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Be Faithful Unto Death

3.48 of 5 stars 3.48  ·  rating details  ·  315 ratings  ·  8 reviews
Written by Hungary's greatest modern novelist, Be Faithful Unto Death is the moving story of a bright and sensitive schoolboy growing up in an old, established boarding school in the city of Debrecen in eastern Hungary. Misi, a dreamer and would-be writer, is falsely accused of stealing a winning lottery ticket. The torments brought on by this incident which he is forced t ...more
Paperback, 336 pages
Published May 15th 1996 by Central European University Press (first published 1920)
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20th Century Hungarian Literature
22nd out of 117 books — 86 voters
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Books Set in Hungary
56th out of 65 books — 34 voters

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Oct 18, 2007 Eli rated it 5 of 5 stars
Recommends it for: readers of Hungarian literature
This is a Hungarian classic about a boy who moves to study in Debrecen. It's a beautiful tale of childhood and Hungary.
This was a beautifully written story. Many of the characters were wonderfully and vividly described. They had me laughing out loud at some of their antics. At other points, I was wondering what was going to happen next and hoping the best for Misi and some of the others.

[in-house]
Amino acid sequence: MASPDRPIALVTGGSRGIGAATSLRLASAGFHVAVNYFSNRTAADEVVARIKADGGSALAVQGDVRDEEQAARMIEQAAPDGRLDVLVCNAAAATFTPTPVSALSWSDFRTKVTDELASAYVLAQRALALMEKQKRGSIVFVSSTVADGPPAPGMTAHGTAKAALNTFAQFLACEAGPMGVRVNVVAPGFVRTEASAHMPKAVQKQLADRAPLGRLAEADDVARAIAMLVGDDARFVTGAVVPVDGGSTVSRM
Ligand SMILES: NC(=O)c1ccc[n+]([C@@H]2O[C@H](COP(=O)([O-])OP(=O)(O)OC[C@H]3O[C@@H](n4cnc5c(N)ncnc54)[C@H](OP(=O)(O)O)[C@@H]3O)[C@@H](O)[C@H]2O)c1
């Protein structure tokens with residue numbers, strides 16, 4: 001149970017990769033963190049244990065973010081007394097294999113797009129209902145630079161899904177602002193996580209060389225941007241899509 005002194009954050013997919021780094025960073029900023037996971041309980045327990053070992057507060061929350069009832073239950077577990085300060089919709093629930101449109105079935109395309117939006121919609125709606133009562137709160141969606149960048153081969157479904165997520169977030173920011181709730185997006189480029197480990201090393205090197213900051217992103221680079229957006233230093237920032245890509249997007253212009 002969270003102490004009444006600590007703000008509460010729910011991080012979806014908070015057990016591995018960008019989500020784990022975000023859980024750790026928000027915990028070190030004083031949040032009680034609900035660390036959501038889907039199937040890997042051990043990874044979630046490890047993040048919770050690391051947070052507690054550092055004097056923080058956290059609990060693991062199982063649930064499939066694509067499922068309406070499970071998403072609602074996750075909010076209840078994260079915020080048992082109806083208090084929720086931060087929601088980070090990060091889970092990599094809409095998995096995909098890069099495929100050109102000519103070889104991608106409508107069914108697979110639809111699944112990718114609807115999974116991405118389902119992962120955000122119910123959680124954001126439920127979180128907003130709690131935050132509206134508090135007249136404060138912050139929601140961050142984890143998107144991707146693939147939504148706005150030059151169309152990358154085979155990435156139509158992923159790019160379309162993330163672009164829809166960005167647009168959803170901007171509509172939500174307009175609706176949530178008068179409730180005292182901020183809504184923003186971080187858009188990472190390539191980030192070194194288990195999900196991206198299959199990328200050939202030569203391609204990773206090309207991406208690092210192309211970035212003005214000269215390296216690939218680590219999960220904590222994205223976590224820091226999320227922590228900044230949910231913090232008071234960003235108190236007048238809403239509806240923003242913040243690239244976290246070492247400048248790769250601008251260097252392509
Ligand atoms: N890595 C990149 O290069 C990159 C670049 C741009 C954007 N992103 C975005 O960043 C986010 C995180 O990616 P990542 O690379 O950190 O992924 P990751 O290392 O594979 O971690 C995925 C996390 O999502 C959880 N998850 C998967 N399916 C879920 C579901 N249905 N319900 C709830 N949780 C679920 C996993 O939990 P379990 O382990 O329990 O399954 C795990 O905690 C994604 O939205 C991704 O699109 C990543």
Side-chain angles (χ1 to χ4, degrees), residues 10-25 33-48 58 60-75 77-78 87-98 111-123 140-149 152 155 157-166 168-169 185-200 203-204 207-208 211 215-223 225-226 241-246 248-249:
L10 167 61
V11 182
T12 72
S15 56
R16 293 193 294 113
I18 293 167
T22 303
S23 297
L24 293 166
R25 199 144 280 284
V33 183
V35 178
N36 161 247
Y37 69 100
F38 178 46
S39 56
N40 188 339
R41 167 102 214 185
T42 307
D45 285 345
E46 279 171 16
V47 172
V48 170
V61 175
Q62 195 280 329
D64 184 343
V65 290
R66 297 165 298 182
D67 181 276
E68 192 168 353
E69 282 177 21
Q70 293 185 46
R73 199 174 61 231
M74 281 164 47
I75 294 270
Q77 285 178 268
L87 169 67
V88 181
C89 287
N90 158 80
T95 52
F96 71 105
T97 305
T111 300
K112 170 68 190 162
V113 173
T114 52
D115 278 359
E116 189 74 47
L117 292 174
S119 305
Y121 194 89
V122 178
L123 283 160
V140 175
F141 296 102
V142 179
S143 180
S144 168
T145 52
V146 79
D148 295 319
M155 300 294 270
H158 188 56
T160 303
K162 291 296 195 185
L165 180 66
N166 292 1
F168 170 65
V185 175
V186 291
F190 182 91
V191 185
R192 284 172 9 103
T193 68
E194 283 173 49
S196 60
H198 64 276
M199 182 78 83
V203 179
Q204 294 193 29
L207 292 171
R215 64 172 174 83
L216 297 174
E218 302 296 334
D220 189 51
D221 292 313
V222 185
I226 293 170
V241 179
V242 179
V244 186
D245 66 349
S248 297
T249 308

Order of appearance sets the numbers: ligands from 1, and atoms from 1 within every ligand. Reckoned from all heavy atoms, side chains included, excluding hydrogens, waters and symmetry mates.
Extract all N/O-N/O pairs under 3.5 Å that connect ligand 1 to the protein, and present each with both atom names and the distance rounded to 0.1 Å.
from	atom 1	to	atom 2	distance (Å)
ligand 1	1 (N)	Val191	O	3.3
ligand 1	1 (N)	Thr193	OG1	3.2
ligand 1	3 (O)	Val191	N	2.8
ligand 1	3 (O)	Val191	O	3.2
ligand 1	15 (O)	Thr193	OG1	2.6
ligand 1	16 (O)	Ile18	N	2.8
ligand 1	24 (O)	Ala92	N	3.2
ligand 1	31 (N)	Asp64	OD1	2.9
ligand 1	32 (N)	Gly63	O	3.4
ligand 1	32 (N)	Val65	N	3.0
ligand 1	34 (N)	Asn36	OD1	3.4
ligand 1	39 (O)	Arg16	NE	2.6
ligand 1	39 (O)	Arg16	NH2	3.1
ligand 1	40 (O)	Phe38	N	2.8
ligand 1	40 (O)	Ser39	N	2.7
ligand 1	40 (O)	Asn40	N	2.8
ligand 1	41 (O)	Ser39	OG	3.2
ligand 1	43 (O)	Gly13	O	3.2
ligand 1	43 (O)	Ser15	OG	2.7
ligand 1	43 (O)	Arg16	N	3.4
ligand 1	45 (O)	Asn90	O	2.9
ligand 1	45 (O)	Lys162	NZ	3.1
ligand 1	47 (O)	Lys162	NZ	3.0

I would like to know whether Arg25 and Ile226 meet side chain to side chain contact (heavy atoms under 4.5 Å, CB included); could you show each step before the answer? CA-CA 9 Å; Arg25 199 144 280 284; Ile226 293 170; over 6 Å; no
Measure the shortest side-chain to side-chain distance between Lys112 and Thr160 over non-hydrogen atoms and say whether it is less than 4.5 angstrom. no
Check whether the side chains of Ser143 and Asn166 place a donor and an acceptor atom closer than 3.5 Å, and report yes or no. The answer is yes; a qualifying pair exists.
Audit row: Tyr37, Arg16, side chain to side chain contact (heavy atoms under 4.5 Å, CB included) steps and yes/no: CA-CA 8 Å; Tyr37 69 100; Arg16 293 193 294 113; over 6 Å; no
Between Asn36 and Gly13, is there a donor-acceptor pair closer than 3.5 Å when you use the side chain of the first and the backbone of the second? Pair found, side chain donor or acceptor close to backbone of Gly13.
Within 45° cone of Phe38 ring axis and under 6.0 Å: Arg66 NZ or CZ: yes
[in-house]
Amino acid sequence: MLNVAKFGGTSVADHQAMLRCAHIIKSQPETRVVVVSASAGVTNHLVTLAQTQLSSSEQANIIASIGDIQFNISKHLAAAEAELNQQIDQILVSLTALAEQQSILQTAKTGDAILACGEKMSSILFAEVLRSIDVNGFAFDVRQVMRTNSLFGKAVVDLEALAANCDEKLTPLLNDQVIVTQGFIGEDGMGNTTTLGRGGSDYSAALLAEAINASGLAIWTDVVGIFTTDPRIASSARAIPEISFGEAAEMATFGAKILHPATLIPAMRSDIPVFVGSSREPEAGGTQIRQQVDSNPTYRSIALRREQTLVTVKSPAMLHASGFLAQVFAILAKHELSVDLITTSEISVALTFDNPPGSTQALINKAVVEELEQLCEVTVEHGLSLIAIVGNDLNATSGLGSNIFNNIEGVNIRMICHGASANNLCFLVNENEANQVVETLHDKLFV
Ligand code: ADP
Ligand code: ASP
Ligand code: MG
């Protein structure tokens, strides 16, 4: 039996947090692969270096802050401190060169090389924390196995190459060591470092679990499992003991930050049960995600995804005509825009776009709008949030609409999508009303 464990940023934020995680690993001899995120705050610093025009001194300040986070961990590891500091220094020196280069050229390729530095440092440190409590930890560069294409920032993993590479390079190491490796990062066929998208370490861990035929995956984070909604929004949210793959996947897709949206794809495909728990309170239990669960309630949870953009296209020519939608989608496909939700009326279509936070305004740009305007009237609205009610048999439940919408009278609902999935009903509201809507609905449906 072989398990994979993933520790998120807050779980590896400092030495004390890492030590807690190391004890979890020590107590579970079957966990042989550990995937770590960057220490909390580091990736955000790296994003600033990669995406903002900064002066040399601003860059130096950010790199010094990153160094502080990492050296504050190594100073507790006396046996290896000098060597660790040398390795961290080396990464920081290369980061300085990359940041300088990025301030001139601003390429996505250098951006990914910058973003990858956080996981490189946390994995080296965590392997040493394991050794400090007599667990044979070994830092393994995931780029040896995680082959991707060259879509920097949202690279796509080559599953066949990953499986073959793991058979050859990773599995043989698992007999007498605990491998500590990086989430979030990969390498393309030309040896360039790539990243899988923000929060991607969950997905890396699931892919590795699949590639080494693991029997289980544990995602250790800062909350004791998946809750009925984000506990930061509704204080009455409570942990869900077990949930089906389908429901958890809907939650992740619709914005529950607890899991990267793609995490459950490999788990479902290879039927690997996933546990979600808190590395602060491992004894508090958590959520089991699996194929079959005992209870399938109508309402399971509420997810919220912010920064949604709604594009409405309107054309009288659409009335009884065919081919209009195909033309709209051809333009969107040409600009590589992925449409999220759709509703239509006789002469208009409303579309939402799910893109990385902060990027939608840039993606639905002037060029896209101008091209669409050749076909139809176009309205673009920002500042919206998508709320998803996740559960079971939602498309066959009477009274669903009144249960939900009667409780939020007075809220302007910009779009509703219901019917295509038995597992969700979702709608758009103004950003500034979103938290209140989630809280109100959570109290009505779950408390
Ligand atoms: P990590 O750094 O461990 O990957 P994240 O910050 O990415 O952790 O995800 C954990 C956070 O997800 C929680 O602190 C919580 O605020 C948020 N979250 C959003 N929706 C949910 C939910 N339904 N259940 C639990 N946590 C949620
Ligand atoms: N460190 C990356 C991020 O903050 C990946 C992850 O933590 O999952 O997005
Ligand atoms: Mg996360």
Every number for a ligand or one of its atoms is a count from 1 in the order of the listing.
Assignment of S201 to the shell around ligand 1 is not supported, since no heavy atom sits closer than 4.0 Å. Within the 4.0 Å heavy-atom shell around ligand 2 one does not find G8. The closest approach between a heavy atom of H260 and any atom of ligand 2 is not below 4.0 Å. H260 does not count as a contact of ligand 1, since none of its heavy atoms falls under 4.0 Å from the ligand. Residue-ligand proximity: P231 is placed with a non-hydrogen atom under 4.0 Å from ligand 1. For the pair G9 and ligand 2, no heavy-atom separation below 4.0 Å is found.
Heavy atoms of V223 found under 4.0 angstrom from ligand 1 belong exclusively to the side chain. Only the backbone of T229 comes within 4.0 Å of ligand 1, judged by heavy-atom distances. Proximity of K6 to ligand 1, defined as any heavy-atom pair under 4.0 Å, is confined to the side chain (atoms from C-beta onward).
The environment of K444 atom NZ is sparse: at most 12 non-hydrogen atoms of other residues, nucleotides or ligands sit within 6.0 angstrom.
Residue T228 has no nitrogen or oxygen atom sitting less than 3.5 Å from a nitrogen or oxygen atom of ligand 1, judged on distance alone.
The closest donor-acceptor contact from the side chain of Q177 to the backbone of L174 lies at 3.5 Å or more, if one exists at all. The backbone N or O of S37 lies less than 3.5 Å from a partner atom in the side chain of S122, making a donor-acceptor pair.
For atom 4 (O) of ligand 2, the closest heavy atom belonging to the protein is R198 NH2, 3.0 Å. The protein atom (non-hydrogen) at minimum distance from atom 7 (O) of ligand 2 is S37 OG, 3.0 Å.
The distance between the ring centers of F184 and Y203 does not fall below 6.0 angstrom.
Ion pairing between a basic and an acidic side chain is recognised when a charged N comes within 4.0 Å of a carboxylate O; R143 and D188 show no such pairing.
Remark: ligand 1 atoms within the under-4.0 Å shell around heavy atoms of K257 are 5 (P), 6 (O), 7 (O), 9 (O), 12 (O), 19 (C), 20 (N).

The writing style might take a little time to get into but once you do it's really good. The plot is also a little slow to start.

I also learned some interesting pieces about Hungarian history ans culture from this book (mainly
May 10, 2009 Katri marked it as on-hold  ·  review of another edition
Basically, I really really liked this book, but it's style is rather literary and difficult to read when my brain is totally taxed by the stress of a new workplace, new country and learning a difficult language, so I had it sent back to Finland in someone's luggage and will be taking it up again when I return home in July. It's really interesting, but the writing style isn't the easiest to get into, somehow. So it's on hold until I've got more of my brain back.
David Koblos
Yet one more book about the trials and tribulations of a 19th century boarding school student. This one, however, is causing most of his own trouble, simply by trying to be so "good" that it hurts. Hailed as a exceptional childhood novel, the author's intention was to illustrate the abuse and exploitation of goodness. In this sense, it is a full-on success. I'm not sure if I would recommend it as an example for life, though.
Still after this many years I think about this book and still after these years I say to myself: Be good until you die... A very good novel.
Chuck LoPresti
This is the Hungarian James T. Farrell. Only Gombrowicz and Proust understood the development of a young writer with comparable clarity.
The finest description of boyhood hopes and fears I've ever read.
everybody has to read it!
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Móricz was a novelist, short-story writer, and playwright associated with the literary journal Nyugat (The West). In his early works, Móricz described the grim reality of the countryside in a stark, naturalistic manner. His later novels about the upper classes are less forceful than the early ones. Among his best-known novels are The Torch (1917) and those of his trilogy Transylvania (1922-35). Mó ...more
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